Technical is not the issue, even if it was many have trouble underdtanding our simplified information. If all you get is a conspiracy theorists blog you are missing the simplified points we provide. Conspiracy theorists for the most part have no direct connection to what they are discussing, especially from the standpoint that they are not financially vested in what they are trying to prove. We have been providing product in this market for 21 years now, we have a spotless record and are recognized as a conscienscious developer and manufacturer of products that are second to none. Our products do what we say they do, we back them up with a warranty befitting their quality and do so at a price point that is unbeatable. This does not include the decade of hands on experience in wrenching and tuning prior to our founder bringing this product to market. This hands on time was in a market that was the prime groinds for dampers. It doesn't include the years of development our our pulleys and the many engine builders and engineers we worked before and after brininging it to market. As the experts in this product category we easily qualify to be our own reference. If you want references of a sort how abouyt looking at every motor that exists today, from yard equipment to top fuel engines, that don't use a damper of any sort. There are exponentially more engines without dampers than with.

    As explained to lasthope05 we are well aware of what virbation is and how it is caused and how it effects everything around it. The term NVH by itself has been significatnly more focused on the singular aspect of driver isolation that anything else. The example we provide from Continental belts quantifies this exact fact. Our UR.edu page discusses this any many other fascets of these issues very simoply and very openly.

    As an ME we are sure you understand the importance of fit tolerance between components. Too loose and you can create unnecessary motion that can lead to all types of issues depending on what the parts are engineered for. Too tight and the forces necessary for function may become too great and or heat can develop rendering the mate unsustainable for mechanical functionality. With a damper if there is any motion beyond that of the intertia weight countering the torsional motion of the assembly then the opposite action is rendered ineffective because its timing does not match the torsional motion it is supposed to be counteracting. So if the damper is not interference fit then by the nature of this losser fit it can move and rotate around its mounting or location point as with the 4G63. So during rapid acceleration, especially a hard launch or during shofts upp or down the pulley will move clockwise and counter-clockwise to the limit of the tolerance between the keyway and the key or as with the 4G63 between the bolts and the bolt holes. A great example of this is the many times we have seen elongated, mushroomed or broken keys and dowel pins on customers engines and cars we have worked on.

    Respectfully,
    UR
     
  18. rabenne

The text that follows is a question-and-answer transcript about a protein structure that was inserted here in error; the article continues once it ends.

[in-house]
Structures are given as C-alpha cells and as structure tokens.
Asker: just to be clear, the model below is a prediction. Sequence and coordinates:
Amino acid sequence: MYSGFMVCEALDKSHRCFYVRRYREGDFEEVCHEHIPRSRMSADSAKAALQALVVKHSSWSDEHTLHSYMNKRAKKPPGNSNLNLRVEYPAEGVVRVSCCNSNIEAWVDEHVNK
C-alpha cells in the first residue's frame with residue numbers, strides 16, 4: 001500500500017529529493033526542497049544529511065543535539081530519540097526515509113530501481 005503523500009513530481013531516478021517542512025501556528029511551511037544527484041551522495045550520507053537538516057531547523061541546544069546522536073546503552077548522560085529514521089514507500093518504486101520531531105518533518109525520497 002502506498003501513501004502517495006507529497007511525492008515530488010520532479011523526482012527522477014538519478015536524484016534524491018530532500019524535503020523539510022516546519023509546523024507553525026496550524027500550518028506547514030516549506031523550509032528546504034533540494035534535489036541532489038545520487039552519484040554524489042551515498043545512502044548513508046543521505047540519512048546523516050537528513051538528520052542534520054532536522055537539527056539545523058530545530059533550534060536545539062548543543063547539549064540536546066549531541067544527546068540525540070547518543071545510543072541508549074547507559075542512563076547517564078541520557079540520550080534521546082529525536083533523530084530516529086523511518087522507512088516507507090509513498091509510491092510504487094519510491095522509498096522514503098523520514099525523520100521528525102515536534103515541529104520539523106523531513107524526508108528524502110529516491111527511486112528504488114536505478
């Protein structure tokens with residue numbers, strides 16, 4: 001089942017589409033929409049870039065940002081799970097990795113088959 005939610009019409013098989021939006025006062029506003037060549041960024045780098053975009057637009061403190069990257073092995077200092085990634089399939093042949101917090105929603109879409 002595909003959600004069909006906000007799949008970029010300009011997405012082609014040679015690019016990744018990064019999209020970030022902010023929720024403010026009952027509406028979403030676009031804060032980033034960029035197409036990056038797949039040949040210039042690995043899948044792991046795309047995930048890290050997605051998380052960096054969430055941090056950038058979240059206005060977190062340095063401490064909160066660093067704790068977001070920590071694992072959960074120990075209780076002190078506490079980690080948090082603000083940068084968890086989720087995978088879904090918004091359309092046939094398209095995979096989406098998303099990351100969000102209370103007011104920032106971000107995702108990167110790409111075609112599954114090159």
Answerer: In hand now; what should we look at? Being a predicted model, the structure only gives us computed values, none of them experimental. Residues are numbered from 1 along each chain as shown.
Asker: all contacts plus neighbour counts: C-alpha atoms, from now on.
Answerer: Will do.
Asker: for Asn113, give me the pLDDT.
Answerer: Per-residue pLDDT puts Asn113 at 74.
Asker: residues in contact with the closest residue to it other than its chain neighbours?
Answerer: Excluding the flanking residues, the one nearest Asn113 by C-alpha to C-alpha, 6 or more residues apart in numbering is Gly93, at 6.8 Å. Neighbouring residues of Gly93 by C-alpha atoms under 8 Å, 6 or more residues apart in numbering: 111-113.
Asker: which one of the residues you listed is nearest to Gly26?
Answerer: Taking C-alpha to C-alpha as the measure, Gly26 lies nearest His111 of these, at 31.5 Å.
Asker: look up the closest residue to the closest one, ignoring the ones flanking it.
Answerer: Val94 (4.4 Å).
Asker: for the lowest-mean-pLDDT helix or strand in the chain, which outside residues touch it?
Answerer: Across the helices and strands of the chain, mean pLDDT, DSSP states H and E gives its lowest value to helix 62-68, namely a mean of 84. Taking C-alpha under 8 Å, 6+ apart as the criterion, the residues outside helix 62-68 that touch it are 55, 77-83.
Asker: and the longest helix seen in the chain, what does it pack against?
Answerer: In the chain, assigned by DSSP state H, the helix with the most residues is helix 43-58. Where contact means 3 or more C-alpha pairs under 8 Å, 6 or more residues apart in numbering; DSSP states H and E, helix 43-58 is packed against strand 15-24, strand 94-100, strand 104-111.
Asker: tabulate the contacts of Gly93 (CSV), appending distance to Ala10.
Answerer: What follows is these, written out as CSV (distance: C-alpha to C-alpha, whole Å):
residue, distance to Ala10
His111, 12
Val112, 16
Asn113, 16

rabenne Proven Member

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    Joined Apr 21, 2006
    Kenosha, Wisconsin
    I have never heard of a properly torqued damper rotating around and elongating the bolt holes. Maybe someone on here has, and can chime in. PLEASE DO!

    Maybe this a real problem... I suppose I should take you word for it. If the clamping force is insufficient, I could imagine that happening.

    But honestly, you still have provided no data. Maybe you are right, or maybe you have a singular agenda to promote the economic success of non-damping pulleys at all costs.

    It is difficult to expect someone to take your word for it. No disrespect, I hope you can say something to convince me you are correct. I want to understand the facts.
     
    My DSM:
    1995 Eagle Talon TSi

    Street Build

    50trim   manual
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  19. lasthope05

    lasthope05 Proven Member

    837
    176
    Joined Mar 31, 2006
    Philadelphia, Pennsylvania
    There's actually a few things I could say and argue but I will just leave it at that so we dont muddle up the thread.

    I'm still interested in a 20-25% pulley either way if we ever get enough people. There are already 10-15% pulleys out there that work on our applications so not really interested in those.
     
  20. unorthodox

    unorthodox Supporting Vendor

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    Joined Oct 30, 2009
    Gainesville, Georgia
    Just because you haven't seen it doesn't make it any less real.

    It is not on us to provide data, its up to the damper makers pushing this fallacy to provide the broken engines, specifically the broken cranks. I guess all their fancy "data" makes it real, if so there should be tens of thousands of broken motors with UR pulleys and significantly more with knockoffs pulleys.

    Our almost flawless history, the real world use from street to track over 21+ years, our own damper experience, the basic fundamentals and the simple Continental NVH data speak volumes for us, if that is not enough there is nothing we can say to make you believe.
     
  21. rabenne

    rabenne Proven Member

    482
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    Joined Apr 21, 2006
    Kenosha, Wisconsin
    Its not enough.

    Lasthope05, I would love to hear what you have to say. Pm me if you have time.
     
    My DSM:
    1995 Eagle Talon TSi

    Street Build

    50trim   manual
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  22. rabenne

    rabenne Proven Member

    482
    59
    Joined Apr 21, 2006
    Kenosha, Wisconsin
    My professor from sophomore year Thomas G. is a multi-millionaire for designing, patenting, and marketing his electronic sensors that monitors vibration in heavy equipment. These vibrations have a detrimental effect on the bearing life of reciprocating equipment. To save money on equipment downtime, corporations paid him a great deal.

    There is my anecdotal evidence...
     
    My DSM:
    1995 Eagle Talon TSi

    Street Build

    50trim   manual
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  23. unorthodox

    unorthodox Supporting Vendor

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    Gainesville, Georgia
    Different animal all together, like comparing apples to planets.
     
  24. rabenne

    rabenne Proven Member

    482
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    Joined Apr 21, 2006
    Kenosha, Wisconsin
    Thanks for supporting the platform. We are lucky to have this type of support. I didn't mean to get so far off topic. Best of luck!
     
    My DSM:
    1995 Eagle Talon TSi

    Street Build

    50trim   manual
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  25. unorthodox

    unorthodox Supporting Vendor

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    23
    Joined Oct 30, 2009
    Gainesville, Georgia